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Alberta physicians: Relaunch grant and lower corporate tax rate

Alberta flag blowing in the wind.

In late June, the Alberta government announced a new, one-time grant for small and medium-size businesses that had to close or curtail operations under COVID-19 restrictions.

The Small and Medium Enterprise Relaunch Grant gives affected businesses up to $5,000 to help them get up and running again. This is a grant, so it doesn’t need to be repaid. However, it is considered a taxable benefit so you would report the income on your annual tax return.

1. Are you eligible?

As a physician, you may be eligible if:

  • you are a self-employed physician in Alberta (sole proprietor or incorporated);
  • your practice was in operation on February 29, 2020; and
  • your revenues declined at least 50% in April and/or May 2020 compared with April 2019, May 2019 or February 2020.

If you’re unsure about your eligibility, consult your accountant for help.

2. How much can you get?

You would get 15% of one month’s pre-COVID revenues, up to a maximum of $5,000. To get the maximum grant, your normal revenues would need to be at least $33,333 per month, or $400,000 per year. (“Revenues” means practice income before deducting overhead.)

Example: Dr. Ansari is a family physician in Calgary. Her revenues are typically $375,000 a year.

To help her meet the minimum 50% reduction in revenues, she should choose the highest revenue for the pre-COVID month and the lowest revenue for the COVID month.

Pre-COVID revenues: Choose the highest

April 2019 $29,000
May 2019 $30,000
Feb 2020 $31,250

COVID revenues: Choose the lowest

April 2020 $10,000
May 2020 $13,500

Dr. Ansari should choose February 2020 for pre-COVID revenues and April 2020 for COVID revenues. The resulting 68% drop in revenues makes her easily eligible for the grant. She would receive 15% of $31,250 (February 2020 revenues), or $4,688, which she would need to pay income tax on next year.

The grant will clearly not replace the loss of income many Alberta physicians have experienced but could help pay some overhead costs.

Here are some examples of the grant one might get, based on annual revenues:

Pre-COVID annual revenues 15% grant
$160,000 ($13,333/month) $2,000
$240,000 ($20,000/month) $3,000
$320,000 ($26,667/month) $4,000
$400,000+ ($33,333/month) $5,000

3. How do you apply?

All applications must be made through the online application portal. Go to the Alberta government’s website for the relaunch grant and follow the steps. These include setting up a MyAlberta Digital ID account if you don’t have one already.

The application period will close August 31 or four weeks after the start of Stage 3 of Alberta’s Relaunch Strategy — whichever is later.

If you’re unsure about your eligibility, consult your accountant for help.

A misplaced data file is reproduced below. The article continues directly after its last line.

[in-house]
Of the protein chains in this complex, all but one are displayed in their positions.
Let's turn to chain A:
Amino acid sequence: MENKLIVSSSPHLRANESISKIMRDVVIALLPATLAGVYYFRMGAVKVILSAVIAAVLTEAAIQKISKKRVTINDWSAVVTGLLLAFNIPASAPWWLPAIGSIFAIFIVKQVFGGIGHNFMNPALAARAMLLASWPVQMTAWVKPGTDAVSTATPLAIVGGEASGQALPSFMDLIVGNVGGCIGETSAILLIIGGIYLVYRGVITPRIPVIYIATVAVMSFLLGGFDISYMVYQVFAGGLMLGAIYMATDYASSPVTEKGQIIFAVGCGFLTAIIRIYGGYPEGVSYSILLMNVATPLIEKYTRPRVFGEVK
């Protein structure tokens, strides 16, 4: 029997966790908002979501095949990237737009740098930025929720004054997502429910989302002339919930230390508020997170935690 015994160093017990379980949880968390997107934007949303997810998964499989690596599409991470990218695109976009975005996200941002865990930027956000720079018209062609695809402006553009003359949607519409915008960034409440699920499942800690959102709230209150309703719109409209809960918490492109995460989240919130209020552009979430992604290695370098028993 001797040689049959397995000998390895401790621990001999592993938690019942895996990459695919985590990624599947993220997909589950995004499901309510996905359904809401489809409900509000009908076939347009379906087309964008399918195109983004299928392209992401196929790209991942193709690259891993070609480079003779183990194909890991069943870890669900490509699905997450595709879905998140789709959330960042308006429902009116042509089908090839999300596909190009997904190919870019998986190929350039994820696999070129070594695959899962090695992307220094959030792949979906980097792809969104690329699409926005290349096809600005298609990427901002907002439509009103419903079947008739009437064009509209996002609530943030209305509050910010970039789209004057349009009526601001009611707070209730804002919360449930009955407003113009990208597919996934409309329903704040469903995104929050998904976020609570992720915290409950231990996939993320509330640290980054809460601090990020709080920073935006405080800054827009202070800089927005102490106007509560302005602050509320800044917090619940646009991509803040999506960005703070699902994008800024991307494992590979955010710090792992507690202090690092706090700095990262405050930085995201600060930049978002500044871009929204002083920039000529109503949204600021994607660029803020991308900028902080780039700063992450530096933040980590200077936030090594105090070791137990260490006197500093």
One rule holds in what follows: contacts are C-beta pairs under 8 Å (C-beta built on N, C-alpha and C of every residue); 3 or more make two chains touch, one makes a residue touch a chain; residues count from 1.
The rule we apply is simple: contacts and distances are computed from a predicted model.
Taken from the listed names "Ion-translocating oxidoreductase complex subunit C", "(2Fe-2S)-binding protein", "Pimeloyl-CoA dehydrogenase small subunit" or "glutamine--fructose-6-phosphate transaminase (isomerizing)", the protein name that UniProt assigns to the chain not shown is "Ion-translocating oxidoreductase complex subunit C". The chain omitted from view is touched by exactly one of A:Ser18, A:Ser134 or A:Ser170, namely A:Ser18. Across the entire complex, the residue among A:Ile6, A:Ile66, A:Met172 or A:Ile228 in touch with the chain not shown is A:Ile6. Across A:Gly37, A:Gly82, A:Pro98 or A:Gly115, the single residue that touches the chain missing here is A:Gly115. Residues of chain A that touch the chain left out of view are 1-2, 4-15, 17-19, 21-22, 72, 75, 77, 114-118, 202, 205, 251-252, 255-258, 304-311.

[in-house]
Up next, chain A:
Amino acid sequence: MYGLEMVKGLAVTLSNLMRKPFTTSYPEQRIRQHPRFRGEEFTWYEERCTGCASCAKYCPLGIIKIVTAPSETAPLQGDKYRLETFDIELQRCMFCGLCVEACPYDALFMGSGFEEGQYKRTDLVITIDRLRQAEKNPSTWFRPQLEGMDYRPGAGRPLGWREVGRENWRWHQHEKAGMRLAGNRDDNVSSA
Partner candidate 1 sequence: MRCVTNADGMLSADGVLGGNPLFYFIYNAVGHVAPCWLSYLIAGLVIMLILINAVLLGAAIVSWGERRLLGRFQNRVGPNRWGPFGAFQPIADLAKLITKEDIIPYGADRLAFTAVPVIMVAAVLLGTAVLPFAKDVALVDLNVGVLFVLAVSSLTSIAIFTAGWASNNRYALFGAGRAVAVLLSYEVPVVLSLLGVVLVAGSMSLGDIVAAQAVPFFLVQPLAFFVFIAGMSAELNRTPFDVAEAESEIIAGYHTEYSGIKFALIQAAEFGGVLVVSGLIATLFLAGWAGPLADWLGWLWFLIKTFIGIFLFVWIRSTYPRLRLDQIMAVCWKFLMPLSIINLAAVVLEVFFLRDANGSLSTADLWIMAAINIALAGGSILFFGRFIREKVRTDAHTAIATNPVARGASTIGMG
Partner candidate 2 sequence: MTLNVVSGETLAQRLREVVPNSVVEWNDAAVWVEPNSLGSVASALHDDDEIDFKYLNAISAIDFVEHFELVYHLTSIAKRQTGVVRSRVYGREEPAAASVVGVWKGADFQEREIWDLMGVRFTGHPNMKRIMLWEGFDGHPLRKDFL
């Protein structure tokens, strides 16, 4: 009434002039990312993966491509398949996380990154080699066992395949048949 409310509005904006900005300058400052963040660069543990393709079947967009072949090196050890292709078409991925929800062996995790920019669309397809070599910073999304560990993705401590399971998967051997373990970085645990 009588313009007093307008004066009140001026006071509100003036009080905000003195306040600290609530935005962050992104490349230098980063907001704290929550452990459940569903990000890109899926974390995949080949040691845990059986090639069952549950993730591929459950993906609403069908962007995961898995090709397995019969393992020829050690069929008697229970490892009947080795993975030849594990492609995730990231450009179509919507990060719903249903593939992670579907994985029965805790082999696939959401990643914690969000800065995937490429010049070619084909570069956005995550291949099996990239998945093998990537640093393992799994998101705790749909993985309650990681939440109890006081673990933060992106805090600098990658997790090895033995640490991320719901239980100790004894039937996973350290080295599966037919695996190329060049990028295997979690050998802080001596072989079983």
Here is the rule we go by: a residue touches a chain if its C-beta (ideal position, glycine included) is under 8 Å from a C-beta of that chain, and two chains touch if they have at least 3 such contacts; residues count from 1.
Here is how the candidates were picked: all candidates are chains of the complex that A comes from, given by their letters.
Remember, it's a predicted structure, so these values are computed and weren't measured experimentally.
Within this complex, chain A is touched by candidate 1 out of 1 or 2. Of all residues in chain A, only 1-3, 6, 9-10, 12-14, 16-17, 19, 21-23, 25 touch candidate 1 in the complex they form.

Corporate tax rate drops

As part of Alberta’s Recovery Plan, the province reduced its portion of the corporate tax rate to 8% from 10% effective July 1, 2020. This is the third drop since June 2019, when it was 12%.

The corporate tax rate is the general rate, not to be confused with the lower small business tax rate. This latest reduction should benefit incorporated physicians in Alberta who earn more than $500,000 or have lost access to the small business tax rate because of their high investment income in their corporation.

With every $100,000 of income above $500,000, an incorporated physician in Alberta will now pay $2,000 less in corporate tax.

  Small business   tax rate Corporate tax rate
Federal 9% 15%
Alberta 2% 10% -> 8%
Combined 11% 25% -> 23%

A medical professional corporation typically pays tax at the small business tax rate on up to $500,000 of net practice income. The general corporate tax rate applies to the income above that limit.

Example: Dr. Shin is an incorporated ophthalmologist in Edmonton. She has net corporate taxable income of $700,000, which is taxed as follows:

  • $500,000 at 11% small business tax rate = $55,000 tax
  • $200,000 at 23% general corporate tax rate = $46,000 tax

Her taxes at the small business rate have not changed, but her portion at the general corporate tax rate has dropped by $4,000 per year. (Note that in 2020, it would only go down by $2,000 since the change is effective July 1 — if we assume a December 31 year-end for her corporation.)

Physicians who have associated companies, group arrangements, or partnerships (e.g., radiologists) may be subject to the general corporate tax rate at income levels below $500,000. The same is true for professional corporations that exceed the federal passive income threshold.

If you have questions about how your cash flow impacts your investment or financial planning, talk to an MD Advisor*.

*MD Advisor refers to an MD Management Limited Financial Consultant or Investment Advisor (in Quebec), or an MD Private Investment Counsel Portfolio Manager.

The above information should not be construed as offering specific financial, investment, foreign or domestic taxation, legal, accounting or similar professional advice nor is it intended to replace the advice of independent tax, accounting or legal professionals.